Courses like this one can cost up to $30,000 a year at private colleges that operate nearby. Yes, exactly: who can afford that?? For now, the TPC program at TAFE is offered at a nominal fee for many students (with the fee refunded upon completion). While the reasons that this course and others like it are under threat are complex (more on the dismantling of TAFE and attacks on second chance education here), the course is being offered again this year. In fact, TAFE are enrolling students for first semester today and tomorrow (and will be accepting late enrolments next week once classes kick off). Find out more about that here (Ultimo campus).

And because not all of the funding invested in public education has been siphoned into the expanding marketing sections that are mandatory these days in educational institutions, I’d really appreciate if you shared this post so that my next batch of ‘Laurens’ find their way into my class.

The marketisation of TAFE

January 16, 2014

This article from Leesa Wheelahan is a good introduction to the marketisation of TAFE and the effects of decades of such policies on the entire vocational education sector. It is not only that the assumptions underpinning marketisation are not being adequately questioned or that they are inherently at odds with what education is or should be about. There’s more than ideology driving this in my opinion. Though, Leesa highlights what turning TAFE into just another provider is really about: dismantling an institution. Once it’s gone we won’t easily be able to put it back together:

Associate Professor Leesa Wheelahan on why learning is about more than mere supply and demand.

TAFE is not a ‘provider’ of vocational education and training; it is an educational institution which, like schools and universities, is essential to Australia’s social cohesion, productivity and international economic competitiveness. But TAFE is being wrecked.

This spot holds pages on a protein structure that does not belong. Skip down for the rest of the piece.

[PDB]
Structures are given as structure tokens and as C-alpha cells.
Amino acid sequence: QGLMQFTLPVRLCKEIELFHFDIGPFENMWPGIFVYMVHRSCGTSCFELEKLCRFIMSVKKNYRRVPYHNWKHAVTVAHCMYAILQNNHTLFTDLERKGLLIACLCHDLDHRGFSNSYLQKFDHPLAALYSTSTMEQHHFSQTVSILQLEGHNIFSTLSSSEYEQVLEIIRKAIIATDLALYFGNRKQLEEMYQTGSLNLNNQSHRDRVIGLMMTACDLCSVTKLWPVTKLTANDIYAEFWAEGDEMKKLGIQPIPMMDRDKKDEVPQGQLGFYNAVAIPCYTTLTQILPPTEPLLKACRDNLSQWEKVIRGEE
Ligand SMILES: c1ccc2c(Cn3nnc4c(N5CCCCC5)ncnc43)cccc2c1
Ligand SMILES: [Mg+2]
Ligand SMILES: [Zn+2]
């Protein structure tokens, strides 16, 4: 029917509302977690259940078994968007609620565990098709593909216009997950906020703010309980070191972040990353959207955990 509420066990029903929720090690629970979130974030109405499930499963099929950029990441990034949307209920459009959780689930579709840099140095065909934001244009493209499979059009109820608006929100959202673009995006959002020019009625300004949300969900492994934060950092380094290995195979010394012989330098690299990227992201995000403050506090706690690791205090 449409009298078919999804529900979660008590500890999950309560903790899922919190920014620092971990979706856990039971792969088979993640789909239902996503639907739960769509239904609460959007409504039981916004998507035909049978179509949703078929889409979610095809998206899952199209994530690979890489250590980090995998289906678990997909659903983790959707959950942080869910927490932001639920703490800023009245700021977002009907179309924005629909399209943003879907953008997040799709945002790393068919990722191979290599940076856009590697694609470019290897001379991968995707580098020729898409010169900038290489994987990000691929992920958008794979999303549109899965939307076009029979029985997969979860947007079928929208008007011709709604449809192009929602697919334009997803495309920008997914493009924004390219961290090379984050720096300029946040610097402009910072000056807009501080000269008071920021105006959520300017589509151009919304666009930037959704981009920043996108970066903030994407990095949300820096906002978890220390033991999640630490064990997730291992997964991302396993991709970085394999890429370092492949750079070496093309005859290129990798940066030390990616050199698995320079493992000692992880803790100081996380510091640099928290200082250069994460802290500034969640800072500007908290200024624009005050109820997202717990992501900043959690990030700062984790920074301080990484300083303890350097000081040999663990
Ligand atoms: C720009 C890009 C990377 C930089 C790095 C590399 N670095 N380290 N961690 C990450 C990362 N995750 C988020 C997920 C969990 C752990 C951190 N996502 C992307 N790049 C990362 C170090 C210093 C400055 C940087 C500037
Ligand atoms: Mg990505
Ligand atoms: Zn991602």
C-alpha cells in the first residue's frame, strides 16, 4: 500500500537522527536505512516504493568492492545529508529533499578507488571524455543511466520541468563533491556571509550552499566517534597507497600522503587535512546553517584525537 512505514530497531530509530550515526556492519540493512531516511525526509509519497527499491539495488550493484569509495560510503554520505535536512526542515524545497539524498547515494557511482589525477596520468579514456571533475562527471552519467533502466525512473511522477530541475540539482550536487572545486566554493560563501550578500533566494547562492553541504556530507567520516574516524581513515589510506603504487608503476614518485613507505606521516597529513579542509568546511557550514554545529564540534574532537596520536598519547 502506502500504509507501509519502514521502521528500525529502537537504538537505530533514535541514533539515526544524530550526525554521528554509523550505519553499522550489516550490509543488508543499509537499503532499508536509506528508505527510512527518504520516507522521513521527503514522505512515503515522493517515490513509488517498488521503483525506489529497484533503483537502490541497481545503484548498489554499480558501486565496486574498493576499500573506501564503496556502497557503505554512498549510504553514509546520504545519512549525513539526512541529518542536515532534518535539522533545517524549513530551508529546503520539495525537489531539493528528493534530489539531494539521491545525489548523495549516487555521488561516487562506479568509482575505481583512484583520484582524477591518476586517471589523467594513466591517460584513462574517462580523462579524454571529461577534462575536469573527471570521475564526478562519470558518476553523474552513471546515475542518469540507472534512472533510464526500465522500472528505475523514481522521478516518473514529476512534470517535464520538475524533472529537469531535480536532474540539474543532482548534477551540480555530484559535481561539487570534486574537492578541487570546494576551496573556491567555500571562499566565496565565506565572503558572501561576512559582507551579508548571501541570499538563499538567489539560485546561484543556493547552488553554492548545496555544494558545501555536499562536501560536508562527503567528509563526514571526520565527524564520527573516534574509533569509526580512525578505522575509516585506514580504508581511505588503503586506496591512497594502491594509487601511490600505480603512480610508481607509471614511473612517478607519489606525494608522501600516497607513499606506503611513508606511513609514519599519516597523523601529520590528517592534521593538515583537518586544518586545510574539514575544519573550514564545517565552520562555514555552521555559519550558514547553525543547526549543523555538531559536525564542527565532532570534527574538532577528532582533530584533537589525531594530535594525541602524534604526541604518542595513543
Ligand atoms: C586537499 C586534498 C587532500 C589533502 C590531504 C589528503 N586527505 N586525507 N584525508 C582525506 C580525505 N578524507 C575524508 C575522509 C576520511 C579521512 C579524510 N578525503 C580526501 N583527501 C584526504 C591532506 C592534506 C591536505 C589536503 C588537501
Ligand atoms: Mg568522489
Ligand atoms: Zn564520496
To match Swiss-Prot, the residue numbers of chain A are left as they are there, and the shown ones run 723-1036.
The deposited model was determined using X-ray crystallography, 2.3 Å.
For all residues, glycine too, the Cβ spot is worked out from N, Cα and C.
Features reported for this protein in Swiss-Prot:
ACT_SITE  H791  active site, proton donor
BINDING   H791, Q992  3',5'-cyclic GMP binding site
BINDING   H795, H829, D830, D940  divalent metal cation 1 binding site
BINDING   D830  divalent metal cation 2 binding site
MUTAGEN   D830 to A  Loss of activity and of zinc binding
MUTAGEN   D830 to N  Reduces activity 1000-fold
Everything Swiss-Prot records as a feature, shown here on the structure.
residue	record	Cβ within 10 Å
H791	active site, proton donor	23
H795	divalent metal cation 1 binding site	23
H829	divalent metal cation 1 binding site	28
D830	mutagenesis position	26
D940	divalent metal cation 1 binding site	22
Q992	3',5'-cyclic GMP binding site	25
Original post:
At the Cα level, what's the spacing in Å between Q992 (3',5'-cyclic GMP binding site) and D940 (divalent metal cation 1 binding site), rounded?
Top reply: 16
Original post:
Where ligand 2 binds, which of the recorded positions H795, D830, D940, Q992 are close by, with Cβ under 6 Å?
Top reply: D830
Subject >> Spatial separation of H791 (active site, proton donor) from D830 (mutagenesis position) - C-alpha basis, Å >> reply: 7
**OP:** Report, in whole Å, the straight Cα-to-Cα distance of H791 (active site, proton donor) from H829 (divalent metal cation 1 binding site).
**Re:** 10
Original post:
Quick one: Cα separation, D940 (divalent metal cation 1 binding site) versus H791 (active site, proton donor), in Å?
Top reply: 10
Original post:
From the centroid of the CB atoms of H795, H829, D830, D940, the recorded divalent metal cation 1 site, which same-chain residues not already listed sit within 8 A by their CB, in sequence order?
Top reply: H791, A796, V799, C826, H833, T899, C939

Victoria is leading the charge. TAFE’s share of publicly funded students in Victoria declined from 67% in 2008 to 42% in 2012, while private providers’ share increased from 16% to 46% over that time.

Read the rest of the article here.

TAFE: Cuts won’t make us Smart or Skilled

January 15, 2014

Lefties love education. Just look at the panic we have all been in over the past week about the reforms Christopher Pyne and his LNP buddies have in mind for the school curriculum.

There is, however, a vital part of the education sector being dismantled without the requisite debate or attention. TAFE has been providing students with second chance and general education for over a century. Perhaps for the intelligentsia, or at least those who decide daily what to get outraged about on twitter, it is not as sexy as academia. Nor does it come with the obvious and easily targetted mum & dad allies of primary and secondary schooling. What has been happening to vocational and adult education and training is complex and under-reported: a slow but brutal assault started in the days of the Dawkins reforms and culminating in recent years under the National Framework Agreement that is currently being implemented by state governments across the country. This privatisation agenda in vocational education and training is something I will be examining over the next year or so (as the 2014 recipient of the Eric Pearson Study grant). Expect to hear more from me on this. For now – and as a way of introducing some of you to the issues and to what is at stake – here is something I wrote about it just over a year ago (first published in New Matilda here).

A mass demonstration in November 2012 calling on Premier Barry O'Farrell to reverse $1.7 billion in cuts to NSW education - most of it in TAFE.

A mass demonstration in November 2012 calling on Premier Barry O’Farrell to reverse $1.7 billion in cuts to NSW education, most of it targeting TAFE funding.

The O’Farrell Government’s plans to cut funding from TAFE will gut the sector. TAFE is designed to provide access and equity in education, not to compete with private providers.
When Barry O’Farrell revealed his Smart and Skilled reform agenda in September, announcing massive cuts to education of $1.7 billion, many pointed to Victoria as a warning of what happens when “contestable” funding is introduced and the sector is left wide open to the full force of the market.O’Farrell has repeatedly said competition will make TAFE the sector more responsive to industry or employer needs. Contrary to his rhetoric, TAFE in Victoria has been destroyed, and in its place fly-by-night private providers, backed with government money, have taken its place — some enticing students with iPads or cash incentives to enrol in a narrow range of courses. Read more…